Most new year’s resolutions are goals that are formed with the best of intentions and huge dollop of motivation, especially with the relative excesses of Christmas indulgencies making themselves known on our waistlines along with the onset of conscience-prodding summer holiday ads on our screens. By new year many of us are ready for new beginnings; a fresh start; a healthier lifestyle.

…and then, after around 3 weeks, most (88% according to one piece of research) of our resolutions fail. We give up. We lose motivation. We don’t have the willpower. We choose instant gratification over our long-term, and perfectly genuine goals.

Now those of you who know anything about goal-setting will know that in order for goals to succeed we need to make them SMART (look it up if new to you)  – don’t we? Well, yes… certainly, in order to know that the goal is do-able, and to know that we have reached a goal such as a target weight loss, going to the gym three times a week, stopping smoking…or…or…or…then of course we need to know where our goal nets are, and we need to know that the ball has crossed the goal line.

So why, then do even the most achievable and clearly articulated new year resolutions fail? And how do you go about getting that A grade in succeeding in what it is you really want? Well, according to Benjamin Zander, the world renowned orchestral conductor and inspirational teacher of music, GOALS are GRIM. While Zander acknowledges that goals are necessary as part of the process towards ‘Getting an A Grade’, they also set us up to either succeed or fail, win or lose, get there or get lost along the way.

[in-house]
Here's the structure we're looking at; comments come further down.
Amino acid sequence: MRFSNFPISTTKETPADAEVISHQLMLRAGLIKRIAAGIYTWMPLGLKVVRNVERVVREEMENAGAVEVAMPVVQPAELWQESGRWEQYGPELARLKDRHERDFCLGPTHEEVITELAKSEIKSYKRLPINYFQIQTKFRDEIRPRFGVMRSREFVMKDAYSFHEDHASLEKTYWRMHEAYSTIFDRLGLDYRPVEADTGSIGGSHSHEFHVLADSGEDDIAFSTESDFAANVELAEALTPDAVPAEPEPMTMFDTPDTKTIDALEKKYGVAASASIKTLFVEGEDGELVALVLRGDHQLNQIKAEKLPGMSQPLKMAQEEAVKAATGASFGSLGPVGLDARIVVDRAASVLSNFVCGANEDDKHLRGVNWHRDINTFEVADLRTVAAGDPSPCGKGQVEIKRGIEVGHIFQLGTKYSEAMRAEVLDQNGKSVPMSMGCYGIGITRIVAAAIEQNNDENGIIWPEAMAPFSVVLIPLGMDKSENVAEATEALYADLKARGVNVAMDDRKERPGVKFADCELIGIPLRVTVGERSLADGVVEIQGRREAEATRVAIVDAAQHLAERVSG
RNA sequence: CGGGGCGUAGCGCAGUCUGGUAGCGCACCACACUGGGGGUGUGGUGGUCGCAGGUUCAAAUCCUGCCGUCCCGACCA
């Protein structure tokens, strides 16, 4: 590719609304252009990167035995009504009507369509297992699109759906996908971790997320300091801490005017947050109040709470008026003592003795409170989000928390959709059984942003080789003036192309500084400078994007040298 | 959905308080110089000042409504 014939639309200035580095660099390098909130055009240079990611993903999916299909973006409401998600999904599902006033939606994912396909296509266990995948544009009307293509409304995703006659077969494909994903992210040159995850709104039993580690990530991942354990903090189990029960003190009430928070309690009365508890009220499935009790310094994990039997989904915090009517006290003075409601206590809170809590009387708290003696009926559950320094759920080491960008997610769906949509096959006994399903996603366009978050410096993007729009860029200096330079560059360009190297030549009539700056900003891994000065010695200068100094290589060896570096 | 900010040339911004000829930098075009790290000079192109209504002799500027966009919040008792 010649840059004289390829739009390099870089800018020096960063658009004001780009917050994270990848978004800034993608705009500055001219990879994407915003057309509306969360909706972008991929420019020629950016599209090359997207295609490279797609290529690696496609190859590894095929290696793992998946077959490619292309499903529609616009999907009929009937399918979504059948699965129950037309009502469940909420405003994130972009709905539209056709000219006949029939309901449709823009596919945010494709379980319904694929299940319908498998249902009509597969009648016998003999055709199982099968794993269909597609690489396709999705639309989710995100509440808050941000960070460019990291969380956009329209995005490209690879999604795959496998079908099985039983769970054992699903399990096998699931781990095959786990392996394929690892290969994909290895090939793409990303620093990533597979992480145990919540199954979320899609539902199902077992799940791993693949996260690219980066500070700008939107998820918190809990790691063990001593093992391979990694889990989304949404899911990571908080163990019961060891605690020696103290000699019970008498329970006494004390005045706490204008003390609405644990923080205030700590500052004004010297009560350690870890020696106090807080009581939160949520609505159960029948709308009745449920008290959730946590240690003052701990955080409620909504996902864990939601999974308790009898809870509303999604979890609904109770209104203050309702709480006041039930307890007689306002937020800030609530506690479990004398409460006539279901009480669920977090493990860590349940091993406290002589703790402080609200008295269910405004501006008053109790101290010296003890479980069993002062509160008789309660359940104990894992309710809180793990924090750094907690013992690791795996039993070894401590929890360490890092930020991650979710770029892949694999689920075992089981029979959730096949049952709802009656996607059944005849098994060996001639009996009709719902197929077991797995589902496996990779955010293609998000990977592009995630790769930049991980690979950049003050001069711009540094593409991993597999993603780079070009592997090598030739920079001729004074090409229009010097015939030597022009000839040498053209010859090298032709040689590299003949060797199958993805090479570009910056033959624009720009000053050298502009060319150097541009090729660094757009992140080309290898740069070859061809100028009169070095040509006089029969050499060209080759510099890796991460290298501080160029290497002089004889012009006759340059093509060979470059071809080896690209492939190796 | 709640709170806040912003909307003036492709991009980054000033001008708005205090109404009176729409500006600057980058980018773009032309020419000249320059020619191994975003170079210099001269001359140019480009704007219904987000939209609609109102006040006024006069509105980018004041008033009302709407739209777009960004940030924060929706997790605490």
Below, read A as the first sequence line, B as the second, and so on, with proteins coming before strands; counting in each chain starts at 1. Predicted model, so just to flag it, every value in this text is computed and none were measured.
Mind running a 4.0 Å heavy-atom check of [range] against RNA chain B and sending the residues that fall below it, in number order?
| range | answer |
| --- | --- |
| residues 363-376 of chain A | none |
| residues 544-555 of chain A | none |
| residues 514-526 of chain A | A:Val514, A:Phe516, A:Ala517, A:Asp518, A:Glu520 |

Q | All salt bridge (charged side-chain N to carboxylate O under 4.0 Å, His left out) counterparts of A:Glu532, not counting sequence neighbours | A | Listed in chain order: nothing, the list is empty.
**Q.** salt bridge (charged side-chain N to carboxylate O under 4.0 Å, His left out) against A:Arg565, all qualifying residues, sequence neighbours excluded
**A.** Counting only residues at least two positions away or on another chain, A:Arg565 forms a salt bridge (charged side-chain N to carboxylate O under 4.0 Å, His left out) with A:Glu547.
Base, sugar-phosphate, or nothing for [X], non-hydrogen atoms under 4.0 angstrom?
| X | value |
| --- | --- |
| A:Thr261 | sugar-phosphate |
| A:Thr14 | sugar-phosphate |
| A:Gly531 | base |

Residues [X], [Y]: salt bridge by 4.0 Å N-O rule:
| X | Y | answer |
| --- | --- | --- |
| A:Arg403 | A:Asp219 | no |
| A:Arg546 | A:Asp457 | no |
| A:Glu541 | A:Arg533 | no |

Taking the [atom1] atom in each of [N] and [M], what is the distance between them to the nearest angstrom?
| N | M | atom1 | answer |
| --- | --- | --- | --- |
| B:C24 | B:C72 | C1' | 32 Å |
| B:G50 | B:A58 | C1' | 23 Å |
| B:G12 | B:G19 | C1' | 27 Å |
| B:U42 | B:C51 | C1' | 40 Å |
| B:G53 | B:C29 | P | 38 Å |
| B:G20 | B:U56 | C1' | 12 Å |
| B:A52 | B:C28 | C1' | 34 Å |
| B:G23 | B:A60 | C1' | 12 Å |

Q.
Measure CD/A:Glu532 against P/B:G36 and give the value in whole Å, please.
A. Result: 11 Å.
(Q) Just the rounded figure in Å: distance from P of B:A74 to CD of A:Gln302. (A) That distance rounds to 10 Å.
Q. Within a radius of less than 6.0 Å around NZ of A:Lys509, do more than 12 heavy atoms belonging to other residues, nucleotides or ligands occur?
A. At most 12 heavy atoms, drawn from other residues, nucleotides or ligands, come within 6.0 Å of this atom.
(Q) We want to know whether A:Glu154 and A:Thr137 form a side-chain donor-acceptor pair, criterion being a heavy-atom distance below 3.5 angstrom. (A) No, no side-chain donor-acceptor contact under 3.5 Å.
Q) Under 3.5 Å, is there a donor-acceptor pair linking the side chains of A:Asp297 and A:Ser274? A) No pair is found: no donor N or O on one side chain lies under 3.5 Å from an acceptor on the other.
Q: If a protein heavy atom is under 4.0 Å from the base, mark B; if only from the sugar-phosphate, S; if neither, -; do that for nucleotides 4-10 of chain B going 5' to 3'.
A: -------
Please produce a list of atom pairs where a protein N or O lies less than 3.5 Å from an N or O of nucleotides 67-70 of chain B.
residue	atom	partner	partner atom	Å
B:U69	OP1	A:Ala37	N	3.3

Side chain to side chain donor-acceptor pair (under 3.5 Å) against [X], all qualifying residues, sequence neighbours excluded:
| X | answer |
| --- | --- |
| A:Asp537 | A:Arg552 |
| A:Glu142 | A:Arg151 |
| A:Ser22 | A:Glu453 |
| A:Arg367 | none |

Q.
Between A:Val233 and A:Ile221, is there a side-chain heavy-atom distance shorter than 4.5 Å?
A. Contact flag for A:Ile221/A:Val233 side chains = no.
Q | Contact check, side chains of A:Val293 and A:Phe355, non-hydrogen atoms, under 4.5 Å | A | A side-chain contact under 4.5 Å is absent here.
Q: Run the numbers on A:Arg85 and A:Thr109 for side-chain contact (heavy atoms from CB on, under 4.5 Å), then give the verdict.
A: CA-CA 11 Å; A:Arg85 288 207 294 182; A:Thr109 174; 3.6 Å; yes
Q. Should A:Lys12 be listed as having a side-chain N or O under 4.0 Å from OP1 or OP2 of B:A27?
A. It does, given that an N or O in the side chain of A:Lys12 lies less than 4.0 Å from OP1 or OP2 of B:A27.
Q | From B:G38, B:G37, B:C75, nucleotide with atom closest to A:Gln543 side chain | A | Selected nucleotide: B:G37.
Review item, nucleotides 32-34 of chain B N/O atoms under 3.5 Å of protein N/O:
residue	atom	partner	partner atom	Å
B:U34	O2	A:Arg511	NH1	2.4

When it comes to our personal aspirations we are more likely to recognise and celebrate small moments of success if we do not set ourselves up for all or nothing / win or lose in the first place. As an alternative, Zander encourages us to:

1 Remember that ‘It’s all invented’

All those rules – those shoulds, musts and ought-tos that limit us from becoming who we want to be are merely illusions that we take on board when we really don’t have to. Go for the desires that make your eyes light up, fill you with passion and life, and let go of concerns about what others think.  In the words of poet David Whyte (from The House of Belonging) ‘Anything or anyone who does not bring you alive is too small for you’.

2 Stand in possbility